On August 23, the world's leading economies released their PMI data for August, including the initial value of the Markit composite PMI in the United States, the composite PMI in the United Kingdom, and the initial value of the Eurozone's composite PMI in August. The releases reflect the performance of the global manufacturing and service industries and the comprehensive economic performance of each of the countries and regions. The PMI prints help investors grasp the overall macroeconomic trends. Investors also use the data to assess their impact on the potential for successive interest rate hikes in each economy and predict whether central banks will continue hiking or slow down.
The United States
The initial value of the US Markit manufacturing PMI for August and the US Markit service industry PMI for August will be released today. The expected value of the initial PMI print has rebounded to 50.2 from the previous value of 47.3. Markets are betting that the US manufacturing sector will continue to decline while the services sector gradually recovers. However, a weaker-than-expected performance in the services sector could weigh on the preliminary composite PMI data.
Judging from the July Markit PMI data, the US Markit service industry and comprehensive PMI in July hit new lows last seen in May 2020. Market participants believe the data indicates that the US economy will likely contract for a third consecutive quarter in Q3. In July, the market speculated that US inflation may have peaked. Still, we lack follow-up data that supports this assertion, so the August data is crucial.
Suppose the services sector picks up, as the market predicts. In that case, it will reflect a possible cooling in inflation as household spending shifts away from spending more on essentials to services. As a result, the US PMI data could reflect more room for continued interest rate hikes than in the UK and the eurozone, where inflation is higher. However, persistent underperformance in the manufacturing sector could also weigh on US economic performance, potentially weighing on the dollar. Investors must also focus on the new orders and inventory updates to gauge whether supply chain issues are worsening.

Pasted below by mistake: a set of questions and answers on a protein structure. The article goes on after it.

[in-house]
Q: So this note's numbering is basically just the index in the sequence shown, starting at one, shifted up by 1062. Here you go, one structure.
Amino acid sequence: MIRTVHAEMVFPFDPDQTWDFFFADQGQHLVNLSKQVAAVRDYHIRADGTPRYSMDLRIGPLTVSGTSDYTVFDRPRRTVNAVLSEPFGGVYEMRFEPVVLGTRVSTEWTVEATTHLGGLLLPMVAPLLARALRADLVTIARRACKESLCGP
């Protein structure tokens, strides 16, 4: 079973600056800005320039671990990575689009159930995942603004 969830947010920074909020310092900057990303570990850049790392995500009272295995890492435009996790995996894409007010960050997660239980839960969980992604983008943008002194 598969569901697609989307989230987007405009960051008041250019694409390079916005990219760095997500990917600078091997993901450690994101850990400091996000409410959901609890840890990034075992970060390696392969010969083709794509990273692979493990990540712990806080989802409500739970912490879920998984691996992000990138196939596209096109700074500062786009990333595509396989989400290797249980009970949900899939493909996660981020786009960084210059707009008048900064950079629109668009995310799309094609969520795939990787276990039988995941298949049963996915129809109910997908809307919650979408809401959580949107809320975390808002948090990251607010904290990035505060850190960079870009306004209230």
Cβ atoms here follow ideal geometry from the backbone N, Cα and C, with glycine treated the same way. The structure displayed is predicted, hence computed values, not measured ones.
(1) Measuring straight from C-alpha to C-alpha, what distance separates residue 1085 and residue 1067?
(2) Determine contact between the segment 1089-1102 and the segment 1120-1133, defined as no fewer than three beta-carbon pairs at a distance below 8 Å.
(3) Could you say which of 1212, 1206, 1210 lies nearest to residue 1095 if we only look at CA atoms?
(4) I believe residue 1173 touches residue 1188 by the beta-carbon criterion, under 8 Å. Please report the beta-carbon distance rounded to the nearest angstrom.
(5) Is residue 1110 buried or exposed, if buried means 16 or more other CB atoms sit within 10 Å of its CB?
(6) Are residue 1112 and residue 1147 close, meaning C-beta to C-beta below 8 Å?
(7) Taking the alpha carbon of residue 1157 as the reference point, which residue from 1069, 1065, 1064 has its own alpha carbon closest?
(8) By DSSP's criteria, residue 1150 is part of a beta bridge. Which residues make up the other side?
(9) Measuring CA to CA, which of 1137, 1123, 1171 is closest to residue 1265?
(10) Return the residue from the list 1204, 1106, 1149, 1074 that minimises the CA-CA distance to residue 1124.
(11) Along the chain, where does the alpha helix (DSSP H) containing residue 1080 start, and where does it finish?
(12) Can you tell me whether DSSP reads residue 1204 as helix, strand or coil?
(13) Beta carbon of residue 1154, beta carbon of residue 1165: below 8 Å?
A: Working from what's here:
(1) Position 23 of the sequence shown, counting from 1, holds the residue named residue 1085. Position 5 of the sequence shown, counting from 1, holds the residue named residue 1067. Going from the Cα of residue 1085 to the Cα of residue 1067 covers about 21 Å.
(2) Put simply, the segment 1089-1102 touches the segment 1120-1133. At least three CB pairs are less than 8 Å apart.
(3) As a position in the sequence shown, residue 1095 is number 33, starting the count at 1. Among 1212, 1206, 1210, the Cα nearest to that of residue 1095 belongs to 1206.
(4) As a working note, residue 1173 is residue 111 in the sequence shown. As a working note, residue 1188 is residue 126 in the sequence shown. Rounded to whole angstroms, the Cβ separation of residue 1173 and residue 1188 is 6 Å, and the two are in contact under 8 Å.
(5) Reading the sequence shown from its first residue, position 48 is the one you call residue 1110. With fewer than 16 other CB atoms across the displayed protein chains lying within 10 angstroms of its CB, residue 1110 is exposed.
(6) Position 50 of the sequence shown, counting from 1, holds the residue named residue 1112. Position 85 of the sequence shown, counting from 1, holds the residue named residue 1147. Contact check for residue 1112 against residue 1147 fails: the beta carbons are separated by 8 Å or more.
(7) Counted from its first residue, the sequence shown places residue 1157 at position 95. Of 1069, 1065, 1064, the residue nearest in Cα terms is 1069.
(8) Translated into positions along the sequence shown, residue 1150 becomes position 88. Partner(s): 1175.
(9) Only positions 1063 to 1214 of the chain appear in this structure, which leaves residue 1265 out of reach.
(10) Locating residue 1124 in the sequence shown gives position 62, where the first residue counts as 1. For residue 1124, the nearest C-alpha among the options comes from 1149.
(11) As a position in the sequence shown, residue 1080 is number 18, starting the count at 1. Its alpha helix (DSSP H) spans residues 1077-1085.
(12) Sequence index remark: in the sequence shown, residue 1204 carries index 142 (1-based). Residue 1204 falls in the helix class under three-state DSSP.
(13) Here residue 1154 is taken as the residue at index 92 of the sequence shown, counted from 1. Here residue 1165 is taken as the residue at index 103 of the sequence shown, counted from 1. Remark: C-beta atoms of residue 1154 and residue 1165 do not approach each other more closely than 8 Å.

UK PMI data reflects the current state of the UK economy. However, the UK August comprehensive PMI data is not ideal. The previous value was 52.1, and the published value in August was 50.9. In particular, the country's manufacturing PMI fell sharply to 52.1 from the last value, which is expected to be detrimental to the pound's direction.
The Bank of England has raised interest rates six times since December 2021, raising concerns about whether the UK economy is headed for a recession and fueling persistent worries about the pound’s future outlook. The Bank of England expects inflation to hit 13% by the end of the year. The BoE also warned that the economy would enter a recession from the fourth quarter of this year, which will run into next year as rising costs hit the country’s growth prospects. As a result, there is not much room left for the Bank of England to raise interest rates substantially.
The initial value of the eurozone's composite PMI for August, the previous value was 49.9, and the latest value was 49.2. Although it was slightly higher than the expected 49, it was lower than the last value. The European Central Bank announced a 50 basis point interest rate hike in July. This marked the first rate hike since July 2011, ending the eight-year negative interest rate era. Therefore, the PMI data reflects the impact of interest rate hikes on the eurozone economy. However, since the PMI composite data is still below 50, it will likely affect the pace of interest rate hikes by the European Central Bank and drag down the euro. In addition, the poor economic performance of the United Kingdom and Europe may further exacerbate market worries about a recession in the world's major economies. As a result, the dollar, a safe-haven currency, may rally further as its peers lag.
Rising global raw material costs and supply chain disruptions in Japan have affected Japanese manufacturing. In addition, the performance of the service industry slowed down in July. Against the background of successive interest rate hikes by the world's major economies, Japan maintained its longstanding quantitative easing policy and promised not to raise interest rates. The slowdown in July's PMI data reflects the impact of soaring inflation on Japan’s economy, which has been above the Bank of Japan's 2 per cent target for three consecutive months. As a result, the initial value of Japan's manufacturing PMI continued to fall in August, and the latest data was 51, which was lower than the previous value of 52.1. As a result, the yen is expected to continue its downward trend and hit a new low.